Sorry, James PC Review with Stream
Not enough tutorial
There are so many different types of games in the world, and each of them have an important component that makes a game of that genre better than others. For action games, it’s all about the fast paced nature like a FPS, for puzzle games it’s the challenge of each level and thinking outside the box, and for text only games it’s richness of the story and weight of your choices. In this text only story game, you play as James Garner a security technician who is tasked with decrypting company files in order to find out the truth of a conspiracy. This entire secret story is told through a chat conversation that you slowly unravel and beings to show you the bigger picture in a non-linear format.
Even though there is a user interface of sorts, which looks very much like the command line interface of SuperHot or maybe even the pip-boy from Fallout, there is a very heavy emphasis on text. Not just the choosing of an option through the command line, but also to pay attention to literally everything you can find, because it all comes in handy later. The attachment to this idea is so pervasive that (SPOILER WARNING!) you won’t even be able to progress beyond the first screen without reading the steam game description, as that has the login details to start the game. It’s an interesting approach, that is reminiscent of Sierra games from long past, and the earliest attempts at DRM, but to be honest it comes across as very annoying to many who just want to start playing.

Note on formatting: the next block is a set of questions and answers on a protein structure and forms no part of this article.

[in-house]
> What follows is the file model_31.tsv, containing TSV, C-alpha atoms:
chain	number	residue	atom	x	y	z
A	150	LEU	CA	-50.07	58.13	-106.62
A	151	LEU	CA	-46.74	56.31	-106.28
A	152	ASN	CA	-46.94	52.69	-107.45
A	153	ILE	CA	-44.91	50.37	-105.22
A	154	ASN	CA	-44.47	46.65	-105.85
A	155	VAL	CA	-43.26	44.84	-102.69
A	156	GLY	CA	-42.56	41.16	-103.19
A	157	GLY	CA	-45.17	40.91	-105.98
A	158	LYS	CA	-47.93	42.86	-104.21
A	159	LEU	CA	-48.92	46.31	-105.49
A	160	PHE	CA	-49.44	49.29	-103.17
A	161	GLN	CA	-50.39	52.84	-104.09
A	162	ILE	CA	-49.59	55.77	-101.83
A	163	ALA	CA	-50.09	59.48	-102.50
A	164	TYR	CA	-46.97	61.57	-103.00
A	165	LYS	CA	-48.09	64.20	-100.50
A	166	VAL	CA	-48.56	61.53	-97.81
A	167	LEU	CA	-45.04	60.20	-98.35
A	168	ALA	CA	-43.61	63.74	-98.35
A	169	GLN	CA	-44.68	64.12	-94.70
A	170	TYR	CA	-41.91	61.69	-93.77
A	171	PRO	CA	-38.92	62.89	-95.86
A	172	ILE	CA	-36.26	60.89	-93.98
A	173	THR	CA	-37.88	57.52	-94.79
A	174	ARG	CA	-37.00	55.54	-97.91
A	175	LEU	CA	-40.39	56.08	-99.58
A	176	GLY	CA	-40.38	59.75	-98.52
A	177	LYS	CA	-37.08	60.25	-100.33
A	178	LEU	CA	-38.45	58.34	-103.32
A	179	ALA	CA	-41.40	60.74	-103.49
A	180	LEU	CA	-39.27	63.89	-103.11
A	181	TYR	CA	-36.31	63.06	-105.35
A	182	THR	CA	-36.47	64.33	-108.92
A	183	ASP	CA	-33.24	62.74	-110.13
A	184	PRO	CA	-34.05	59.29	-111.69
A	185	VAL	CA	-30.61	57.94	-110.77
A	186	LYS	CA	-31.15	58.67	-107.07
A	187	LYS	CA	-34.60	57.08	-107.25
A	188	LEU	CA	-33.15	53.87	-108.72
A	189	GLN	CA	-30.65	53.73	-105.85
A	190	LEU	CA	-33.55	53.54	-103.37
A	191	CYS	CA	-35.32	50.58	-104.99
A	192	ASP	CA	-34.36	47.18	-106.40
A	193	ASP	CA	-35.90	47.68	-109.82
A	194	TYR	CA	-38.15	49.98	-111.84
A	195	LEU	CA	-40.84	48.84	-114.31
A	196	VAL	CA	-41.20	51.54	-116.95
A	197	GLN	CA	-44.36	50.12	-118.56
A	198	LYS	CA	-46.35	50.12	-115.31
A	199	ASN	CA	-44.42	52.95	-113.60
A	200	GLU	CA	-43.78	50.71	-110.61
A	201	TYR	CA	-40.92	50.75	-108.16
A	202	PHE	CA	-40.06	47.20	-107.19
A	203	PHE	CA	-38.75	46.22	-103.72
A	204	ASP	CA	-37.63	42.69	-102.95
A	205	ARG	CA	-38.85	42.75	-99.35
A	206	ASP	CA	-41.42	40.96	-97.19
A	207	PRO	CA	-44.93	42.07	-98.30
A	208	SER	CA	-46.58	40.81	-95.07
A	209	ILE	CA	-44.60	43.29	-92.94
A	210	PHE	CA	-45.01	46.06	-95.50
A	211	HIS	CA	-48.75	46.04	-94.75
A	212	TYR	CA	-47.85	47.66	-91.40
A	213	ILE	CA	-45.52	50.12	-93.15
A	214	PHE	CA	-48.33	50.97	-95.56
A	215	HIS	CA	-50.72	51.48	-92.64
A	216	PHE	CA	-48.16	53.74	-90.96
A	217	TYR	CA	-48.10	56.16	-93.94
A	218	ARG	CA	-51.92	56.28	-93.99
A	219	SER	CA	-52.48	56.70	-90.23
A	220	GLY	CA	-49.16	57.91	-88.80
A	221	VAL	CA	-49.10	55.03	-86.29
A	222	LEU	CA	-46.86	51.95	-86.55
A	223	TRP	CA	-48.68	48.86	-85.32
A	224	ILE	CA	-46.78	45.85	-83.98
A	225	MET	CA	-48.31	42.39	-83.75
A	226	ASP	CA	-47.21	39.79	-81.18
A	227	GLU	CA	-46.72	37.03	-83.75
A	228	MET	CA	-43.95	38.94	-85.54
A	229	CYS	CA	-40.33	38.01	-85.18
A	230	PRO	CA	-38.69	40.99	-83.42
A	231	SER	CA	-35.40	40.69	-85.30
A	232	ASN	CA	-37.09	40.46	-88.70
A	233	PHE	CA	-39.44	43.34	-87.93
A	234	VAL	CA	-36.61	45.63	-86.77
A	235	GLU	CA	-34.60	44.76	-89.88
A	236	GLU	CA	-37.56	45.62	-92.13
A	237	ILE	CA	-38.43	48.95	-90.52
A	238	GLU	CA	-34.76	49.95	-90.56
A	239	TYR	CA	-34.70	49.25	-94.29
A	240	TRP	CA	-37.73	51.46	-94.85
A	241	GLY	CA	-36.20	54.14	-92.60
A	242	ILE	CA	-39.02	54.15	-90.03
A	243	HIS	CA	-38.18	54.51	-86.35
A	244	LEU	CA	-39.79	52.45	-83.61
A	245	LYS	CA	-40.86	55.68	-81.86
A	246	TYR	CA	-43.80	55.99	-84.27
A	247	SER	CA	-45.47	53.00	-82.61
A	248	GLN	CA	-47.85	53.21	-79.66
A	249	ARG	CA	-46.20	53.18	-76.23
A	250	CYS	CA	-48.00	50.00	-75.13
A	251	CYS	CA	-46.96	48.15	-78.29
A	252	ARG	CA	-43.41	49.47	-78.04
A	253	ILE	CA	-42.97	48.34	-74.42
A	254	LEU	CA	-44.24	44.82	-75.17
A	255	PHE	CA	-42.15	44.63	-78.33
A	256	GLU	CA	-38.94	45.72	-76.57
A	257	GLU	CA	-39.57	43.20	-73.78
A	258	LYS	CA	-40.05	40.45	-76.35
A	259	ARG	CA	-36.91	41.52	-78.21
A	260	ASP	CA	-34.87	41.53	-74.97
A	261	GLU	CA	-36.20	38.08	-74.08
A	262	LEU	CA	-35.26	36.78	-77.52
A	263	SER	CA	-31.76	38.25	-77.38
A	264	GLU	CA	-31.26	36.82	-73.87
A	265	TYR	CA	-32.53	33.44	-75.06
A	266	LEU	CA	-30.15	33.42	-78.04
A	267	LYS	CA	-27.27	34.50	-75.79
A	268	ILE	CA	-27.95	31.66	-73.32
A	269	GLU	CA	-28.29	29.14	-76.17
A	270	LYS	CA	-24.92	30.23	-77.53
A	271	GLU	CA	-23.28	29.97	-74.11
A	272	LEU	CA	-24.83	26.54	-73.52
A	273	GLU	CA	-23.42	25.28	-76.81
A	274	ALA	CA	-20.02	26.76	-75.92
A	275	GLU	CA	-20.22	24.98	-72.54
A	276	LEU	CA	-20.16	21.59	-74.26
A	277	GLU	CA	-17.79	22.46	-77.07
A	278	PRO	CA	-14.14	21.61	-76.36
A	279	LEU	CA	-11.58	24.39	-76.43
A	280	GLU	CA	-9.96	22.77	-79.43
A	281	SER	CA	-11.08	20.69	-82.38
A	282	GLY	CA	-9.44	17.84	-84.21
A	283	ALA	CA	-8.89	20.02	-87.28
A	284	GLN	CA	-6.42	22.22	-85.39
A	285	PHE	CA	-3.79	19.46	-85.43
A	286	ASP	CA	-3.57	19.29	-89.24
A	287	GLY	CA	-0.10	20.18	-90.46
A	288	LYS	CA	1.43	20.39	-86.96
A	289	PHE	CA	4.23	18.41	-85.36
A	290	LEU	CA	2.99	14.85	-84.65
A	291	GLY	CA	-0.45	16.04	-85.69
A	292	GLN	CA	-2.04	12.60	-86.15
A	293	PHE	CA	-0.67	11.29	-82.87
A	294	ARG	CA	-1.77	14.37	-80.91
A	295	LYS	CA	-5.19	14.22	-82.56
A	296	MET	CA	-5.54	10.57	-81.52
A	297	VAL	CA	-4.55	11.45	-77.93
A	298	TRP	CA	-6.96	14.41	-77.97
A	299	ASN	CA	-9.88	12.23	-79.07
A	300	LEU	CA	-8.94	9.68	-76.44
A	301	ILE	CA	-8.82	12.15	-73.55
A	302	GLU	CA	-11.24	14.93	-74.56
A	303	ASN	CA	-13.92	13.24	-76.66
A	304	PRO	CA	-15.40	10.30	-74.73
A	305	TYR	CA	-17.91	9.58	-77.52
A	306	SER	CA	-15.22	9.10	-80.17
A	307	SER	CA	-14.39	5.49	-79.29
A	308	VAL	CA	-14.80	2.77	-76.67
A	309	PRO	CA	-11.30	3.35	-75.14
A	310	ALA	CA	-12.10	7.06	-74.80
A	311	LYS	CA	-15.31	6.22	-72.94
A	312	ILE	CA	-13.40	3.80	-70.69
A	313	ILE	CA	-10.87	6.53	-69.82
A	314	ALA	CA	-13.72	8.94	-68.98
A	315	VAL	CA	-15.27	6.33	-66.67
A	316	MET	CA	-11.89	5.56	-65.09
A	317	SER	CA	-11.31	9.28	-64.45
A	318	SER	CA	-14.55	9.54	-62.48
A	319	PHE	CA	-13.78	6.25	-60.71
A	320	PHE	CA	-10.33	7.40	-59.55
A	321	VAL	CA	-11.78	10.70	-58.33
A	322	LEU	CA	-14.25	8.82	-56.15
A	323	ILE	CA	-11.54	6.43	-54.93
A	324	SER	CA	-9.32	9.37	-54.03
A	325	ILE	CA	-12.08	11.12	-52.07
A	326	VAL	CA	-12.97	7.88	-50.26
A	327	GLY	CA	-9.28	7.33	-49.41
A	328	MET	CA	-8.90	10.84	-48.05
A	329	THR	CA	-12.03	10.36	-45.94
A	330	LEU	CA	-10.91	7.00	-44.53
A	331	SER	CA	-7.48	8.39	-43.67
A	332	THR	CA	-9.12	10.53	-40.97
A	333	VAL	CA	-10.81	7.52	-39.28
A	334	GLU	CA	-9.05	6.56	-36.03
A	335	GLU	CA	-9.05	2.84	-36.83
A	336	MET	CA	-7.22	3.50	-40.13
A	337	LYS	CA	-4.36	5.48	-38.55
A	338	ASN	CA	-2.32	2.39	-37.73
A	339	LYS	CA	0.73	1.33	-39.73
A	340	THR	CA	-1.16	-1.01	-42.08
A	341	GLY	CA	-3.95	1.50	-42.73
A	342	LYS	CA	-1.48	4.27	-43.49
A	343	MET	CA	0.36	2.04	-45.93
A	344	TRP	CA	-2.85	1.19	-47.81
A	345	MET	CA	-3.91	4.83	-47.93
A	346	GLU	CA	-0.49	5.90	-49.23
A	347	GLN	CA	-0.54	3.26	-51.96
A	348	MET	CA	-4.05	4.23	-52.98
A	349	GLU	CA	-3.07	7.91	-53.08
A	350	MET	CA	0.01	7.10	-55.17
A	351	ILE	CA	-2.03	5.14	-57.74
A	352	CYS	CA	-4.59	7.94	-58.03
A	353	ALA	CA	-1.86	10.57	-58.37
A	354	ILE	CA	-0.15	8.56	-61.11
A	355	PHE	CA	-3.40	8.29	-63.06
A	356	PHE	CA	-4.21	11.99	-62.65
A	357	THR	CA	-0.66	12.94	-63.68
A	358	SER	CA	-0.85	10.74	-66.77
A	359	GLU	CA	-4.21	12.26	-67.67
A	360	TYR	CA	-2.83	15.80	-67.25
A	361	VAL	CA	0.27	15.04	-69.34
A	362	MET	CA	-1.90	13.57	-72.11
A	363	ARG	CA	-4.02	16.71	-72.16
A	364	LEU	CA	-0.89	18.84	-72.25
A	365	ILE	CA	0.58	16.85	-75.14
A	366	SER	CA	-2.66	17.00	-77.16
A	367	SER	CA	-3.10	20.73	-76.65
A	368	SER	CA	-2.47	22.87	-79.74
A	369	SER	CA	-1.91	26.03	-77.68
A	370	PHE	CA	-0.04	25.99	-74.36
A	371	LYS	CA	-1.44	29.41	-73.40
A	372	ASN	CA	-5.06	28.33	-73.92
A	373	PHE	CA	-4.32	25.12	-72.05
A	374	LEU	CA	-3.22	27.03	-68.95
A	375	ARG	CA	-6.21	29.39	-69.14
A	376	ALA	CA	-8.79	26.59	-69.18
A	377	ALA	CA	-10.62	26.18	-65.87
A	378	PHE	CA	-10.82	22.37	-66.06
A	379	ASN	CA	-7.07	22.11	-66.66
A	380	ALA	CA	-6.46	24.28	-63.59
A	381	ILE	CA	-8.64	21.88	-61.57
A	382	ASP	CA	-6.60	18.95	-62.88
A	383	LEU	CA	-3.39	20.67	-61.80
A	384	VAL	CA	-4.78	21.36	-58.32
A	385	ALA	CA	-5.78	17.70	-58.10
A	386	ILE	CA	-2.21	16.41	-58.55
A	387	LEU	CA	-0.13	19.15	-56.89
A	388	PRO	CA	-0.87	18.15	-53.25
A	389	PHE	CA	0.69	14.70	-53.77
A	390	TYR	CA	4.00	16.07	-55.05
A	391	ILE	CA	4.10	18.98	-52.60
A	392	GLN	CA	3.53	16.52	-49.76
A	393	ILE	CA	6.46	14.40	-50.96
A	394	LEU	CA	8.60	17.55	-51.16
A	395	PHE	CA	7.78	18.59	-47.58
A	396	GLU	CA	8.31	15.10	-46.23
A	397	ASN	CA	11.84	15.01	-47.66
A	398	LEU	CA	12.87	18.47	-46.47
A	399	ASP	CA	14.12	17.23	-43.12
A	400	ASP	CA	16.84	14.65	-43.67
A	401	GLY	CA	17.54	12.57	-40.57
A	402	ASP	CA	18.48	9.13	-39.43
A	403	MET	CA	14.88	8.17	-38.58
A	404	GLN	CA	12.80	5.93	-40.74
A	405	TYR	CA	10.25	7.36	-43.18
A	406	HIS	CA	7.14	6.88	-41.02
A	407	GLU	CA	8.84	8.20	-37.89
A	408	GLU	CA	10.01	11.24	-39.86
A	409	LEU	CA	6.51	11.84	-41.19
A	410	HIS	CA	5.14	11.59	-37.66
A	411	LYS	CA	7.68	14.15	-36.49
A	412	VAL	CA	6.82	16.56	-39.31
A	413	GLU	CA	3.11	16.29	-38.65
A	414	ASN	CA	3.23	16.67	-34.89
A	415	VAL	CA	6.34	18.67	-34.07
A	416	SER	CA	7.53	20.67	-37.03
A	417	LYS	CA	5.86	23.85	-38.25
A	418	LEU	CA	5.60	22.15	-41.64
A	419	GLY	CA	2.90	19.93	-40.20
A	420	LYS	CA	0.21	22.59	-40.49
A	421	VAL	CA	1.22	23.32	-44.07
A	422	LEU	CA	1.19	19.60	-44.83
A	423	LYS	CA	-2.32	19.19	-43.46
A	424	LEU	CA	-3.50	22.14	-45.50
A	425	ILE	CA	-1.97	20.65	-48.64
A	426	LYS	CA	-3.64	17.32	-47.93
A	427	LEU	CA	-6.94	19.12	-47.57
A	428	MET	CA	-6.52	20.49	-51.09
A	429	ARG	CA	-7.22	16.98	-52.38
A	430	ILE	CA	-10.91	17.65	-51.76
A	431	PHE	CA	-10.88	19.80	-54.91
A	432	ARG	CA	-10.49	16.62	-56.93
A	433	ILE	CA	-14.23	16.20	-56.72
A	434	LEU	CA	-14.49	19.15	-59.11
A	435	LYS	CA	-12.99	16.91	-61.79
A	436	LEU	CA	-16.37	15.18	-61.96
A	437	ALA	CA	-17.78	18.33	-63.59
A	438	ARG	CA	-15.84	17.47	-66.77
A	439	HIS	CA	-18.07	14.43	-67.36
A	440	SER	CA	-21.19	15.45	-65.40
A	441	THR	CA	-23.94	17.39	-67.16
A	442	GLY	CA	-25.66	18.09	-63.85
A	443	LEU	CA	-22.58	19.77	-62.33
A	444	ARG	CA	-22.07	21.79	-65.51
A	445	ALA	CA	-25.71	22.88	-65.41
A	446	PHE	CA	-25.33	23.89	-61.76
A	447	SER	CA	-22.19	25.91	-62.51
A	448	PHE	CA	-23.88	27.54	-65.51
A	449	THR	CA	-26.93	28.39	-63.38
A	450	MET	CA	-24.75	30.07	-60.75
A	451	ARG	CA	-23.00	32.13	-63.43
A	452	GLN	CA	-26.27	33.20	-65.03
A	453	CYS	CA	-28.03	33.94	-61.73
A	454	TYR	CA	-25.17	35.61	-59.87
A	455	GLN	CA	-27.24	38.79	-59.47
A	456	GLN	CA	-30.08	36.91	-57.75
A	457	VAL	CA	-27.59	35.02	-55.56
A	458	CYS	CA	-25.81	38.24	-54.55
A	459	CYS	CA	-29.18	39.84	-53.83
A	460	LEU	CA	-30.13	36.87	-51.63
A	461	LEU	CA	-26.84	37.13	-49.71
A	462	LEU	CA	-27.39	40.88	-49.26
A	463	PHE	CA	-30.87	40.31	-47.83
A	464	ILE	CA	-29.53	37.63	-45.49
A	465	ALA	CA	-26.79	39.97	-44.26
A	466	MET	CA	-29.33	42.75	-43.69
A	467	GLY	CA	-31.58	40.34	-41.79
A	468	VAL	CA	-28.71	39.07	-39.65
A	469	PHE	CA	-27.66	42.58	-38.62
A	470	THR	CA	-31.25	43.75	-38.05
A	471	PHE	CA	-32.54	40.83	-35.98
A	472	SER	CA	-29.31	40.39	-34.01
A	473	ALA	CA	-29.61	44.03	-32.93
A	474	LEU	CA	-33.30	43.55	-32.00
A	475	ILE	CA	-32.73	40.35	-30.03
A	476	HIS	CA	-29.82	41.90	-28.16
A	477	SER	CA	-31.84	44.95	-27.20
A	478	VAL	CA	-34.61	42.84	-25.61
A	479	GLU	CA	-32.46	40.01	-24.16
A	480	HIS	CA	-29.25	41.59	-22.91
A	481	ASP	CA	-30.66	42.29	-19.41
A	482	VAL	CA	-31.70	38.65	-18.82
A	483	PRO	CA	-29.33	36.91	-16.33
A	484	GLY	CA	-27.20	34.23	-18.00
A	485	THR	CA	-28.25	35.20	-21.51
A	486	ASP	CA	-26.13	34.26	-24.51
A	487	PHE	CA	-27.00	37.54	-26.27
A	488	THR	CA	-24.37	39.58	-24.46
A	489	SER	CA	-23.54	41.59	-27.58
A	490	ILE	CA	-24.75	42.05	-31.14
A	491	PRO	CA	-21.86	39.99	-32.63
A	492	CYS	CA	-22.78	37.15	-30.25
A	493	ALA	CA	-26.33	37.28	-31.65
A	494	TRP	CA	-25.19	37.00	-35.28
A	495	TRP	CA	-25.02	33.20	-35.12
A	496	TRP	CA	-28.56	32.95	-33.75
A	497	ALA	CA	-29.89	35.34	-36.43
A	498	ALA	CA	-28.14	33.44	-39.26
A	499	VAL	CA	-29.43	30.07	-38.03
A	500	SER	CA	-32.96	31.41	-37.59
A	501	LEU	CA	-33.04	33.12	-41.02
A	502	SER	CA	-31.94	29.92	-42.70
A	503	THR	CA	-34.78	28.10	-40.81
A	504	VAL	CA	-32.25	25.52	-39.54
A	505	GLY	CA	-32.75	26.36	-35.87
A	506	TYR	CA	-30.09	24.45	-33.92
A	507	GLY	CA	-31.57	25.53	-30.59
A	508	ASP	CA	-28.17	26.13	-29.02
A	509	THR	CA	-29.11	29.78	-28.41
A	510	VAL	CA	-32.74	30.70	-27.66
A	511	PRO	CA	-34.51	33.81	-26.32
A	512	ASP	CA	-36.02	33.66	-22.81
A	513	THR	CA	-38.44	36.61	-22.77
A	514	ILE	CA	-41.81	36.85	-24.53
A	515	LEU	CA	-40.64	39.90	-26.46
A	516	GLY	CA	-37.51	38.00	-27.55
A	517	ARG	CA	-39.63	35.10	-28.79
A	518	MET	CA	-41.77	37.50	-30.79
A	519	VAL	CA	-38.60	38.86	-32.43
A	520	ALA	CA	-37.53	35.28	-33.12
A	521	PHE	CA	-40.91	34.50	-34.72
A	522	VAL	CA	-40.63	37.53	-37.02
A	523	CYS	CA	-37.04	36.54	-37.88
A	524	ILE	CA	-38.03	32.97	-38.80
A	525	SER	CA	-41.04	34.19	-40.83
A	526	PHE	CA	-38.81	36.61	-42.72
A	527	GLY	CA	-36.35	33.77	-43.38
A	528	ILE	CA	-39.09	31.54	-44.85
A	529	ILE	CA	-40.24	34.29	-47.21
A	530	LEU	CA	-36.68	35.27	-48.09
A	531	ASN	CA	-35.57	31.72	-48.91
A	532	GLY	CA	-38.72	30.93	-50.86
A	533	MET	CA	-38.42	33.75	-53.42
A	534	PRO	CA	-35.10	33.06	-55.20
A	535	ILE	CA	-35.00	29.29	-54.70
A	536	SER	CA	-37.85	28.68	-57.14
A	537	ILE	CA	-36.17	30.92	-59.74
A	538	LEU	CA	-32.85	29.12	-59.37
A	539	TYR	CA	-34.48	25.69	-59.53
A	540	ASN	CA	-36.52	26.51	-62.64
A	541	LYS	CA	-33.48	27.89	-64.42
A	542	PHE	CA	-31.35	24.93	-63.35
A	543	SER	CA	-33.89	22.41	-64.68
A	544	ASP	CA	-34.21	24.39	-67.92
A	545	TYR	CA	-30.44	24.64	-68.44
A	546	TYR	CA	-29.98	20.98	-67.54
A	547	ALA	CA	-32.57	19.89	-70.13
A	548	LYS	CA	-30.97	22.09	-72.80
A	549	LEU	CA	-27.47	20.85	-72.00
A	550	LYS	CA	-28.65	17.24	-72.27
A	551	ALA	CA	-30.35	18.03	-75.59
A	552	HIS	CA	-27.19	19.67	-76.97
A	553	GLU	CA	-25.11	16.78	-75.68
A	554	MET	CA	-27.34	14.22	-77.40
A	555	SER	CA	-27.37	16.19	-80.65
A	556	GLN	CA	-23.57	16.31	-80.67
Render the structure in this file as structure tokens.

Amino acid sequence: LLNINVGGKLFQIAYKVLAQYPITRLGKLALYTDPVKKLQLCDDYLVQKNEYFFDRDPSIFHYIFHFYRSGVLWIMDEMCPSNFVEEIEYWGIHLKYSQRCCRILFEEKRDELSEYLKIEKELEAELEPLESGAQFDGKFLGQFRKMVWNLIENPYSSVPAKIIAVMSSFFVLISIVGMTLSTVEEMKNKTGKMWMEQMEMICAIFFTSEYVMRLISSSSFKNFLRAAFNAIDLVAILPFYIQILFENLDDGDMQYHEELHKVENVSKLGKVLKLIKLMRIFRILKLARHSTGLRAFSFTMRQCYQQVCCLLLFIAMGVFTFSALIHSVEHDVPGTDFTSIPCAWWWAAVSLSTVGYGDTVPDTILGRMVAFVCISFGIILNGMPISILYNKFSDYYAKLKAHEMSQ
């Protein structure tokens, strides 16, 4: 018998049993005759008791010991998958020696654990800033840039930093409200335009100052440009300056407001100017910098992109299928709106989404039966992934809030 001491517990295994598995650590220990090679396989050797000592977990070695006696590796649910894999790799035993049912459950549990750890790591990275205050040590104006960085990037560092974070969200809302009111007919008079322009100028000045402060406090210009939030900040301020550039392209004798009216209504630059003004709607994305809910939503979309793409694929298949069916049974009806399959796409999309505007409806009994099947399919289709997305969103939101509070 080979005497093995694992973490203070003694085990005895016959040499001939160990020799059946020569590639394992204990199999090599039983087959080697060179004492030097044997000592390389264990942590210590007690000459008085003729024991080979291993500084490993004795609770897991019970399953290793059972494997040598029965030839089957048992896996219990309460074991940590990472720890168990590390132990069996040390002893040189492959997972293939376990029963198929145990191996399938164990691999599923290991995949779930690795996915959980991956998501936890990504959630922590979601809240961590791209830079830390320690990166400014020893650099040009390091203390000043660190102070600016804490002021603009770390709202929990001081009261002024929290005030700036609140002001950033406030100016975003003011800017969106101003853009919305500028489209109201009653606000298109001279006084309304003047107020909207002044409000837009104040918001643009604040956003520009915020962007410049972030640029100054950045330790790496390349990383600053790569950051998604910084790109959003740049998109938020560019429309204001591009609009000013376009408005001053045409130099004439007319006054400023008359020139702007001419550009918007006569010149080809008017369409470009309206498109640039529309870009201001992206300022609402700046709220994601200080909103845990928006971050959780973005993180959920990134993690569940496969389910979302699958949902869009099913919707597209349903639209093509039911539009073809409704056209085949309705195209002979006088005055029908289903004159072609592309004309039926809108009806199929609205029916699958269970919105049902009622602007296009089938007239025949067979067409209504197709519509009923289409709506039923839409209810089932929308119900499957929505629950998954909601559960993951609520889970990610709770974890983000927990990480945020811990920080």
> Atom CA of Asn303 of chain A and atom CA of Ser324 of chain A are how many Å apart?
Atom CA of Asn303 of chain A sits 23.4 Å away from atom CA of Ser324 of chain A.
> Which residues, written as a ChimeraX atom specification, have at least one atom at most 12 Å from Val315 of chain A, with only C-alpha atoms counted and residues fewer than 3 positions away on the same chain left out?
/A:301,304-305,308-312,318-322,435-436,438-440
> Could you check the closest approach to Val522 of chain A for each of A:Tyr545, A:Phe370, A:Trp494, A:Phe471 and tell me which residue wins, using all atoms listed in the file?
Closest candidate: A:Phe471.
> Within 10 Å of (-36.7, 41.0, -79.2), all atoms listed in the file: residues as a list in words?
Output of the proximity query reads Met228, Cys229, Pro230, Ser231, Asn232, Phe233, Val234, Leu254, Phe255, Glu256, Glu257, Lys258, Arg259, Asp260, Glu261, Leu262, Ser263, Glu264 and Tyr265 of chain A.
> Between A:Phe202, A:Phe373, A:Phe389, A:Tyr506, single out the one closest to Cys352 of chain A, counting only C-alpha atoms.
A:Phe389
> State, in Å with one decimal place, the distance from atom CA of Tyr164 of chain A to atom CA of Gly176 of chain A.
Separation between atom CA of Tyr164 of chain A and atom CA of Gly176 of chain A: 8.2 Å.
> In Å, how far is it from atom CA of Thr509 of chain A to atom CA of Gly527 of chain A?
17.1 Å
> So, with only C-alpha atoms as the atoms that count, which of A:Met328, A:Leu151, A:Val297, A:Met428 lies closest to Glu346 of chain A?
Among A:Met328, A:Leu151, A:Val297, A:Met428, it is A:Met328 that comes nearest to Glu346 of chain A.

Like many adventure games of yore, this has many codes to remember, small details hidden in boring conversations, and leaps of logic that you need to be ready for. Not only is this in text format, but in order to decode any of the chats, you need to play a mini game that is very much like minesweeper, in which you have to use logic to decide how many dots to activate based on the number of activated dots already around the target. I’ve never been a minesweeper player myself, others who do like it definitely understood the mechanic better than I. When you do decode the actual file, you still need to use your brain to follow the non-linear story telling from just looking at one side of a chat session. Because texting is so prevalent in today’s culture, its actually easier to do this than ever, but decoding more will get you more information from which to draw a conclusion.
Working hard to unravel a mystery is a tried and true method of good story telling that when unlocked makes you feel so much smarter and satisfied than just having it given to you. However, for this to be successful, the final product has to be worth getting, and in this case the story just comes off as boring and hard to follow. It’s not like a normal murder mystery where you slowly gain suspects that each had a motive, and it could be anyone, it comes off as a normal drama filled text about a one-night stand gone wrong. The idea is solid, but it’s been done better elsewhere, and even if the execution was done perfectly, the story has a lot to be desired since no one cares about the victim or any of the small list of characters.